NNPA Newswire Senior Correspondent,
More than 30 NNPA publishers and journalists followed up the address with a special White House visit in which Shalanda Young, the director of the U.S. Office of Management and Budget, and White House Press Secretary Karine Jean-Pierre spoke exclusively to the group. Young, the first black woman to lead the White House budget office, detailed the importance of the president’s fiscal plan to communities of color.
Jean-Pierre engaged the NNPA in her office, where she promised that the administration has continued to push for equity and equality for black Americans.
“I would happily argue with anyone that this administration has done more for black people than any other administration in history,” Jean-Pierre proclaimed.
Though she acknowledged there’s still more work needed legislatively, Jean-Pierre noted what the Biden-Harris administration has accomplished through executive orders and legislation like the American Rescue Plan, the Child Tax Credit, a historic more than $6 billion to HBCUs, and other measures.
“The president,” she said, “ensured that our community didn’t get left behind.”
Before the trip to the West Wing, Dr. Chavis delivered a searing message about where the Black Press stands as the institution celebrates its 196th year.
The March 17 luncheon held at the National Press Club included remarks from Mississippi Democratic Congressman Bennie Thompson, who highlighted the crucial need for a thriving Black Press and broke the kind of news sure to go viral.
Thompson, who deftly led the Congressional investigation into the January 6, 2021 insurrection, told the large Press Club gathering that he expects a federal special counsel to hand up indictments in the coming weeks.
“As for January 6, what you saw with your eyes is the absolute truth,” Thompson remarked. “Don’t believe [FOX host] Tucker Carlson. Who are you going to believe, him or your lying eyes.”
Thompson reminisced about America’s history of settling political differences at the ballot box. “But lo and behold, that president [Donald Trump] convinced everybody that [he] would be president for life,” the congressman said.
“If it weren’t for the Black Press that kept raising the issue all along about how much of a fraud that person happened to be [the outcome may have been different].”
“Most of you know there is a double standard in America. No person of color with [Trump’s] history could have run for dog catcher and got anything. It’s that double standard that you fight every week in your newspapers.
“Our elected officials must be held accountable. Over the next few weeks, our work will be crystalized with some indictments, and we have shared a lot of our work with the special counsel that Tucker Carlson thought he had.
“A lot of those individuals are being called in under subpoena now and we will see what they tell the special counsel. Nobody is above the law, not even the President of the United States.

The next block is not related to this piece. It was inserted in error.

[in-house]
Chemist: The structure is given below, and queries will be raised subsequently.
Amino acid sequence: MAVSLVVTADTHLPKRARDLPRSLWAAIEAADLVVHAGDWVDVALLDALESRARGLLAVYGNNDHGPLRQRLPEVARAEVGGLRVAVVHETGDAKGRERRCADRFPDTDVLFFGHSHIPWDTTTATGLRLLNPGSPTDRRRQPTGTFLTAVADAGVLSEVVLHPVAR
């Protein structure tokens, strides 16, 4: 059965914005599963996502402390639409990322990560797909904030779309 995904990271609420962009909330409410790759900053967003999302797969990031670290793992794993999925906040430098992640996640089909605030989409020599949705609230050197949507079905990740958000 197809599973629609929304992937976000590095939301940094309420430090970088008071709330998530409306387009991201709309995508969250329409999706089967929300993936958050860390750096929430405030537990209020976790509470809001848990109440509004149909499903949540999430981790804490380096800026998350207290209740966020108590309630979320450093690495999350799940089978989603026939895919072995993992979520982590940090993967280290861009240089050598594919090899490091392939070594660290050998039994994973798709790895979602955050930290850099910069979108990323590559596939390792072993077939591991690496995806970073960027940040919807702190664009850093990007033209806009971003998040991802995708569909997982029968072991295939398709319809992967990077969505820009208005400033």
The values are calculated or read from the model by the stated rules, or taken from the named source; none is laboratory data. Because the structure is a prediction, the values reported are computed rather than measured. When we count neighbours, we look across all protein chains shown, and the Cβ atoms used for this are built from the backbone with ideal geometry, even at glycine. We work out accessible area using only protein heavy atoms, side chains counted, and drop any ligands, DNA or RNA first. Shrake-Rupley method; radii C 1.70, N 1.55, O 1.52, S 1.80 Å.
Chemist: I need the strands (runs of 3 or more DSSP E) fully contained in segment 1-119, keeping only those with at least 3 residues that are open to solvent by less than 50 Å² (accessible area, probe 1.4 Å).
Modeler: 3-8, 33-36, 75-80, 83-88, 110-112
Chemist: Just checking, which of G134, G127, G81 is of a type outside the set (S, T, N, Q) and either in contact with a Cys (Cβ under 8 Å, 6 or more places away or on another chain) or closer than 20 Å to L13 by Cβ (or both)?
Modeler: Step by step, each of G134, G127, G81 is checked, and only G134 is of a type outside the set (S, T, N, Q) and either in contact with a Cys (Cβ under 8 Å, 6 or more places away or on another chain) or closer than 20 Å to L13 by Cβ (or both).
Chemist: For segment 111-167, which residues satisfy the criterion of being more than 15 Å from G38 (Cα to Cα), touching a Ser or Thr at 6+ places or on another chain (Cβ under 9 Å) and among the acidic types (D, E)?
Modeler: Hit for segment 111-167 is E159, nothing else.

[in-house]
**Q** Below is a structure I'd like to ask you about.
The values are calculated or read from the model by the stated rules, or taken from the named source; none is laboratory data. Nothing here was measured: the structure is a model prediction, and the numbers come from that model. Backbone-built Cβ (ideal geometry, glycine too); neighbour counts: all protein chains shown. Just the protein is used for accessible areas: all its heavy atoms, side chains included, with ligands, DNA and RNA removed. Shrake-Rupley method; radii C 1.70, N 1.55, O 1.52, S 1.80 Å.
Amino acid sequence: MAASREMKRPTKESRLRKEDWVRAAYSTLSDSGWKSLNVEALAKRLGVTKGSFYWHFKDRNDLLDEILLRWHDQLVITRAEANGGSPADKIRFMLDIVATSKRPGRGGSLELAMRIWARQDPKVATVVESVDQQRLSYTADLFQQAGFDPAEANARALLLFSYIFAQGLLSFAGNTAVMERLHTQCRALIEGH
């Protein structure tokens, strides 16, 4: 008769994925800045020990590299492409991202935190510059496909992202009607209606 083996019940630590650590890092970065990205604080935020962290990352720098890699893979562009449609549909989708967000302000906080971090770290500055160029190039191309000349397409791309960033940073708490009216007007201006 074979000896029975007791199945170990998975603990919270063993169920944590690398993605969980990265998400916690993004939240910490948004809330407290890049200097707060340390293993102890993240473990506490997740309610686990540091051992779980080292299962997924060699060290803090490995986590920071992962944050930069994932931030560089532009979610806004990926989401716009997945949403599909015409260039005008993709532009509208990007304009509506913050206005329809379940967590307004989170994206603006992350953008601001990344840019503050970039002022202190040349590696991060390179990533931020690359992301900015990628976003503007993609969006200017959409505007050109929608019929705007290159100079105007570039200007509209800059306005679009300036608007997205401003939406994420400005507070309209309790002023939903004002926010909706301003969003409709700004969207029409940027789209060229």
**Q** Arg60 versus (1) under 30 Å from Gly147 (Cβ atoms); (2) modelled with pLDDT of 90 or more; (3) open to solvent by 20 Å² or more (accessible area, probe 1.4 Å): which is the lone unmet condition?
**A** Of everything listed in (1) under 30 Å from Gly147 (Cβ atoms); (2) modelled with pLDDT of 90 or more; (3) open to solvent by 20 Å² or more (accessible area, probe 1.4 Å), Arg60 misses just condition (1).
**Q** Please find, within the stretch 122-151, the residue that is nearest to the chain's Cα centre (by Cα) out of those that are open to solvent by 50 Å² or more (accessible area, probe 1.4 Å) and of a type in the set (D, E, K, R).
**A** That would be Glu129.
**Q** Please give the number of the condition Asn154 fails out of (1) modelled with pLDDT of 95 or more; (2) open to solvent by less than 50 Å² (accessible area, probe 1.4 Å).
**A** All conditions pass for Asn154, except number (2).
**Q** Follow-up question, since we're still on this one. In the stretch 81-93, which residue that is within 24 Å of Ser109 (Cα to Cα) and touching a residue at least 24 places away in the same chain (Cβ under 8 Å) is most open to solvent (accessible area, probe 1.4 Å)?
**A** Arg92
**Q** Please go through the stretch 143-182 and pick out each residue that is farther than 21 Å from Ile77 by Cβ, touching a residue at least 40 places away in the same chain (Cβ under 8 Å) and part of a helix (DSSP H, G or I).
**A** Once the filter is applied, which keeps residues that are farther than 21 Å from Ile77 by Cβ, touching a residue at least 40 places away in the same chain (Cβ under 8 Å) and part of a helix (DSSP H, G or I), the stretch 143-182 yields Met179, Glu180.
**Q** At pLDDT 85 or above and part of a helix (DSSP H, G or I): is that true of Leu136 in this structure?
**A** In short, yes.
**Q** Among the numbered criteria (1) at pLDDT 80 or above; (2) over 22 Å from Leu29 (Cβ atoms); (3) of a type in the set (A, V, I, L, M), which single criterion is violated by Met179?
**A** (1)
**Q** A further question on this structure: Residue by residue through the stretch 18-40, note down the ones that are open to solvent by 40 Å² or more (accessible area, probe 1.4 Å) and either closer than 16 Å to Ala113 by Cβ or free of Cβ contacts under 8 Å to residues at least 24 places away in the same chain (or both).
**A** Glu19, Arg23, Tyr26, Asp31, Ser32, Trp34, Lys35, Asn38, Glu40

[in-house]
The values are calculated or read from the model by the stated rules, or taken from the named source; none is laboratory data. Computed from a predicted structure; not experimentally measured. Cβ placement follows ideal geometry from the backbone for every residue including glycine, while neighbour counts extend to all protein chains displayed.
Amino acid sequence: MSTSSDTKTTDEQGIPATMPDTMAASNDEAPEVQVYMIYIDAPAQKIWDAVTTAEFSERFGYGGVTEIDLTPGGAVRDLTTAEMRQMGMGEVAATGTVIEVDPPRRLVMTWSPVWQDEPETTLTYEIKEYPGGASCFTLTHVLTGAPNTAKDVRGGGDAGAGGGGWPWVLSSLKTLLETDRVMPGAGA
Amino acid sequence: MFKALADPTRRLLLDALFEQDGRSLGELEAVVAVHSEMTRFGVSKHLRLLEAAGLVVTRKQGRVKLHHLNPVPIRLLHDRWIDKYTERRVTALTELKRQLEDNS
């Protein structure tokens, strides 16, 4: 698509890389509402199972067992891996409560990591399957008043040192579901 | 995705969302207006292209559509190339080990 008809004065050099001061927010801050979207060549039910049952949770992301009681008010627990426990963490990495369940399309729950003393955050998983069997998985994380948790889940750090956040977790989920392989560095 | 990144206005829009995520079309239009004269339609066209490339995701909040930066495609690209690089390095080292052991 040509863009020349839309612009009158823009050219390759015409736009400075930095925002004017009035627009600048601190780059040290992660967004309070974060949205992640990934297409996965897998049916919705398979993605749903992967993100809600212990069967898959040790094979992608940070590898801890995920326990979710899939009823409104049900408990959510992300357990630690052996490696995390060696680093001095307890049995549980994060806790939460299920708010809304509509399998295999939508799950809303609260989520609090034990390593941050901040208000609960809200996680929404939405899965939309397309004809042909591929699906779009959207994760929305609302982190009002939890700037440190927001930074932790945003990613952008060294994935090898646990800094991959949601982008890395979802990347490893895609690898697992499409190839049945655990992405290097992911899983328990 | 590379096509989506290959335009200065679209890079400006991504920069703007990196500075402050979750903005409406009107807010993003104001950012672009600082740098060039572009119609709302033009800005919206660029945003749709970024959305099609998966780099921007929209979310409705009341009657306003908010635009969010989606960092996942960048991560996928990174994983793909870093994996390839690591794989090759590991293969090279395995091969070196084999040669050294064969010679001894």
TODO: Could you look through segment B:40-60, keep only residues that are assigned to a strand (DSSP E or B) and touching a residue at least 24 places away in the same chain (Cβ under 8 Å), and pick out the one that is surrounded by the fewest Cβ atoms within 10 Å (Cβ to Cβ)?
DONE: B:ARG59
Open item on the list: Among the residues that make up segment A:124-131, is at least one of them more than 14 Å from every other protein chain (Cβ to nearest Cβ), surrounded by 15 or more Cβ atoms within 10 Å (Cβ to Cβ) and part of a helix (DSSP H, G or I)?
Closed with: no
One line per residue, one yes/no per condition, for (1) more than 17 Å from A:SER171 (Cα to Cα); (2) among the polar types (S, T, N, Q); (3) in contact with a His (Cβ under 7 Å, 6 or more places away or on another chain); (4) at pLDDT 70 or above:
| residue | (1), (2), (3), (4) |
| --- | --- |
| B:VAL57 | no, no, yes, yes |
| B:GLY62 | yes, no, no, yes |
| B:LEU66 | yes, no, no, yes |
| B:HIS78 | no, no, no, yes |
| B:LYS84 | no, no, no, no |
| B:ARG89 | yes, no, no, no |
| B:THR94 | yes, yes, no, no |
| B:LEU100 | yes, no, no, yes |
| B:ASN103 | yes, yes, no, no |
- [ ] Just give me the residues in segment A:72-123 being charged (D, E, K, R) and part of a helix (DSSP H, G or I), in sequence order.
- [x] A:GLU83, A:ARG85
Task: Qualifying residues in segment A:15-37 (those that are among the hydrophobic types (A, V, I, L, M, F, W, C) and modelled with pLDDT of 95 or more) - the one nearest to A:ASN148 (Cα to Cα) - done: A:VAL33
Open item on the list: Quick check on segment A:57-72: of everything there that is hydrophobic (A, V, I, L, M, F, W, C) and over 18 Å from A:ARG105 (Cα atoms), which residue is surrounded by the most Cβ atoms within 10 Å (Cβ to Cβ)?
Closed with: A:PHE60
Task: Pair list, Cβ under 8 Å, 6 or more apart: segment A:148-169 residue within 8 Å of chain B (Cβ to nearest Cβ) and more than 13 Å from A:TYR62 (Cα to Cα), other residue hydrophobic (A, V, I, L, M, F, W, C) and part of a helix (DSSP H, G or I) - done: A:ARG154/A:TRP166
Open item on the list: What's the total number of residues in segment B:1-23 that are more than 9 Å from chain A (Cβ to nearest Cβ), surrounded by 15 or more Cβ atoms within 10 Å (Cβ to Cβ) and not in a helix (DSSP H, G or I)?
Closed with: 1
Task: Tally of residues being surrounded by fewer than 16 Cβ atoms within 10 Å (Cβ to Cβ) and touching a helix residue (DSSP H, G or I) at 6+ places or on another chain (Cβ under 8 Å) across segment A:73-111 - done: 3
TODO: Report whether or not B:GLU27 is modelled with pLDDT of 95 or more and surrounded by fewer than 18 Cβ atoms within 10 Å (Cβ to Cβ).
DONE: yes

“What we saw after interviewing more than 1,000 people – the majority of whom identify with the Republican Party – we are convinced that whatever happened, happened because of one person. So, we are clear in our recommendation.”
Thompson was accompanied by his press secretary, Alexus Hunter. Hunter graduated from Tougaloo College in 2018. While there she received a journalism scholarship from NNPA. She was selected by scholarship chair, Jackie Hampton, publisher of The Mississippi Link newspaper in Jackson, MS.
Master of ceremonies Rev. Mark Thompson along with Dr. Ben Chavis and members of the NNPA Executive Board presented Thompson with the 2023 NNPA Global Newsmaker of the Year Award.
“In the growing digital age, the Black Press of America today, in 2023, is advancing and making steady progress to engage in the necessary technological innovations to ensure the future viability and sustainability of the Black Press of America for the next 100 years,” Dr. Chavis declared.
During his address, Dr. Chavis unveiled the new NNPA World News app, which contains global news items of interest to African Americans.
“It is revival time,” Dr. Chavis exclaimed, pivoting to a sermon-like delivery.
He declared that the NNPA would soon travel around the country for a series of Black Church, Black Press, and Black Family revivals. “We also are going to promote nationwide voter registration and massive get-out-to-vote campaigns in preparation for the 2024 national elections,” Dr. Chavis continued.
He said the NNPA would also engage in a national “James Baldwin and Fannie Lou Hamer Drop the Pen Tour” at HBCUs and other college and university campuses and some high schools to emphasize raising up a new generation of “freedom-fighting journalists, publishers, videographers and social media influencers.”
“With that foundational understanding of the evolution of the Black Press, we are much better able to explain and to understand why the Black Press in 2023 remains the trusted voice of Black America,” Dr. Chavis added.
“Trust is something that you cannot buy or something that you cannot fabricate. Trust, especially for African Americans, is genuine and authentic. You cannot fake it. Trust for us is deeply rooted in the social; fabric of our families and the communities we serve and represent.”
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